The party investing the labor in the property is called the sponsor. Sponsors still invest some money, but the amount is much lower than what the investors put in. However, they still get a fair share of the profit. Syndicated partnerships are usually structured as an LLC.

Why get involved in real estate syndication?

Syndication has become much easier in recent years, as investors and sponsors can easily connect online. Crowdfunding has made real estate syndication much more accessible for the average person, because you can contribute relatively small amounts of money to a real estate project that is interesting to you, and reap the benefits accordingly. 

If you have a property that you are interested in, syndication is one of the best ways to get the project off the ground quickly. 

Real estate is a great investment, as it can serve as an excellent source of passive income for a very long time, and doesn’t fluctuate financially the same way that many other types of investments do.

Interested in real estate investing? Talk to the expert team at Quest Trust Company. Quest offers flexible investment account options designed to meet the needs of modern investors.

Steps to set up a solo 401k

Image Credit: http://taxcredits.net/

401k accounts are retirement accounts that are set up and managed by your employer. However, if you are a freelancer or entrepreneur that runs your own business, you may want to set up a 401k just for yourself. 

Many people don’t realize they have this option, but it’s a great way to build up your savings for retirement. Setting up a solo 401k can be tricky at first – here are the basic steps to get started.

Choose a 401k provider

The first step to opening a solo 401k is choosing a provider. Many financial institutions offer solo 401ks to their customers, so they’re fairly easy to find. There are several things to take into account when choosing a 401k provider, but the most important factors are fees and investment options. 

You’ll want to make sure your provider has investment options you like, and that you have enough flexibility when putting your plan together. You should also look for a provider with low fees, as high transaction fees can really add up.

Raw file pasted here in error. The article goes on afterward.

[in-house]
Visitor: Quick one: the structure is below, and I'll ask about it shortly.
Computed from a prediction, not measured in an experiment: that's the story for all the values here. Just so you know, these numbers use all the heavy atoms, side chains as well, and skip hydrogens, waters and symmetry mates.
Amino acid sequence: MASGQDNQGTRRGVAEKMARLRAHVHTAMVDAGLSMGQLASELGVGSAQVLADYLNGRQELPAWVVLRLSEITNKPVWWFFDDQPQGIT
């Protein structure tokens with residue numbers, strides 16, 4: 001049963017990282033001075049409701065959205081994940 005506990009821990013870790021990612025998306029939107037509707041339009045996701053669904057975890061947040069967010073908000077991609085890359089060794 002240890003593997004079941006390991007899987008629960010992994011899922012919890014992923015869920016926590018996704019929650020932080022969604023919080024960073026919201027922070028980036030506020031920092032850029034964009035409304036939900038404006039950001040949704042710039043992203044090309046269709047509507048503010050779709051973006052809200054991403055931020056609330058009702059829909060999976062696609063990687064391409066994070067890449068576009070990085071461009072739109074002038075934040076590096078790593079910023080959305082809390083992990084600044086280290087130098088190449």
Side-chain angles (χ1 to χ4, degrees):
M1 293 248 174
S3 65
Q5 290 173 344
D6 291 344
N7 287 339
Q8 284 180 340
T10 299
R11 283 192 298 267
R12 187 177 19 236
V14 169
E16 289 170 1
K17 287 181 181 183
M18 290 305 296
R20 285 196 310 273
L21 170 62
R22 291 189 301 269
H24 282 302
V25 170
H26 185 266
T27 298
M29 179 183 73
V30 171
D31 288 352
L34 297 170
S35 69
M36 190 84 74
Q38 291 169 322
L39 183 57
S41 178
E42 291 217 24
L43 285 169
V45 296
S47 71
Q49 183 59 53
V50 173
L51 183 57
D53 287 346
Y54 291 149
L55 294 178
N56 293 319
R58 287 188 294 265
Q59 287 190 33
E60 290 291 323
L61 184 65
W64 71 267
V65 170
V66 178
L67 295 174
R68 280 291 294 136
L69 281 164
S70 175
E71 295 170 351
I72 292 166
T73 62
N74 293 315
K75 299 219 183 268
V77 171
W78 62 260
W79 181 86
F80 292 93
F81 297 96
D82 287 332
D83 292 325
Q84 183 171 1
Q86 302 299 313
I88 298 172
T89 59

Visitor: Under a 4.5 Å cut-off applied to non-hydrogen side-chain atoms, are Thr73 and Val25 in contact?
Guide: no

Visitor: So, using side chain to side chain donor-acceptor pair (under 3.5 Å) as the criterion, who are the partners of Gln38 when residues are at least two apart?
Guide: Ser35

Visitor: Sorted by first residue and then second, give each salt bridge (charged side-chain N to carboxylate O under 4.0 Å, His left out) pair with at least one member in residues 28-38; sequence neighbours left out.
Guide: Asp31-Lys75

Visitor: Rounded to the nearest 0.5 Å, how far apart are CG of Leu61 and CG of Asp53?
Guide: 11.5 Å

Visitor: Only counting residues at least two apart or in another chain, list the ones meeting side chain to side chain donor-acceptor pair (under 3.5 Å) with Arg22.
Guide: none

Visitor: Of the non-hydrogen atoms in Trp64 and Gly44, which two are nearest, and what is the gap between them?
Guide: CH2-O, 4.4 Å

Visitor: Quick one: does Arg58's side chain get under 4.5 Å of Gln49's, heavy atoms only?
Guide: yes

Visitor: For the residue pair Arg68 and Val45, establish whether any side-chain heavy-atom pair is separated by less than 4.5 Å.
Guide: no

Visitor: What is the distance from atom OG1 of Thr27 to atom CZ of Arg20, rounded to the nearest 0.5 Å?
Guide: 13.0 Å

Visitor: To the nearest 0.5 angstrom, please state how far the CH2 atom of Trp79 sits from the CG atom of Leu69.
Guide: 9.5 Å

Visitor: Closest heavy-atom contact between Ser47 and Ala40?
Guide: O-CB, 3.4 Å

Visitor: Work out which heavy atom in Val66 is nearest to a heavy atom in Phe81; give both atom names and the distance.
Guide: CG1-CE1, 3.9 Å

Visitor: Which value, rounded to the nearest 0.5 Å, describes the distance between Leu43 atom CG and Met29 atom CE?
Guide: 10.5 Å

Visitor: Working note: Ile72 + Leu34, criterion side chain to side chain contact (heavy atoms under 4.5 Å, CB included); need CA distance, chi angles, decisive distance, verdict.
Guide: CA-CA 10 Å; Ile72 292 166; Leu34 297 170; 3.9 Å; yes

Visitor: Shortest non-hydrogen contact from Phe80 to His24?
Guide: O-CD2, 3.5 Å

Fill out your application

Once you’ve decided on a provider, you’ll need to work with them to fill out your paperwork and get the account set up. 

You’ll need to fill out your employer kit with a plan adoption agreement for a solo 401k. These are complex and can be confusing to fill out on your own, which is why it’s so important to have a provider you trust walk you through them. 

You will also need to prepare your employee disclosures about your business to send to the IRS for tax purposes.

Open your account

Once you have all of your paperwork filled out, you can set up an account and make contributions as you see fit. Since you are both employer and employee, you can make one sum contribution instead of worrying about employer matching.

When you’re setting up a retirement account, it’s important to make sure you’re working with a reputable financial institution you can trust. 

Quest Trust Company offers an individual 401k as well as many other retirement savings options, including self-directed IRA and Roth IRA accounts. We offer truly self-directed investment options as well as fast processing times and low fees. Contact a financial expert at Quest Trust Company today to set up your account.

How is an IRA Taxed?

No matter what type of IRA you choose, you will eventually pay taxes on it. The question becomes, do you want to pay taxes up front or on the back-end at retirement? If you would rather pay taxes now (for example: you think your tax rate will be lower now than in the future), then a Roth IRA is the way to go. There are income restrictions for qualifying for a Roth, however you can get around this by rolling over funds from a Traditional into a Roth account. If you would rather pay taxes on your distributions upon retirement and enjoy a tax write-off now, then Traditional IRAs are right up your alley. This, of course, is the most simplified explanation. And we all know taxes are a bit more complicated when further investigated.

How Are Roth IRAs Taxed?

With Roth IRAs you don’t get a tax write-off when you make contributions, and you will owe taxes on your contributions based on your income and tax bracket at the time of the contribution. If you qualify for the Saver’s Credit, the amount you owe in taxes may be reduced.

One of the greatest benefits of a Roth IRA is that you do get to pull funds out tax-free under the right conditions. As long as a Roth IRA has been open for 5 years or you are over 59 ½, whichever comes later, you can take distributions on your earnings tax-free. Qualified home purchases and disability requirements also qualify for tax-free status.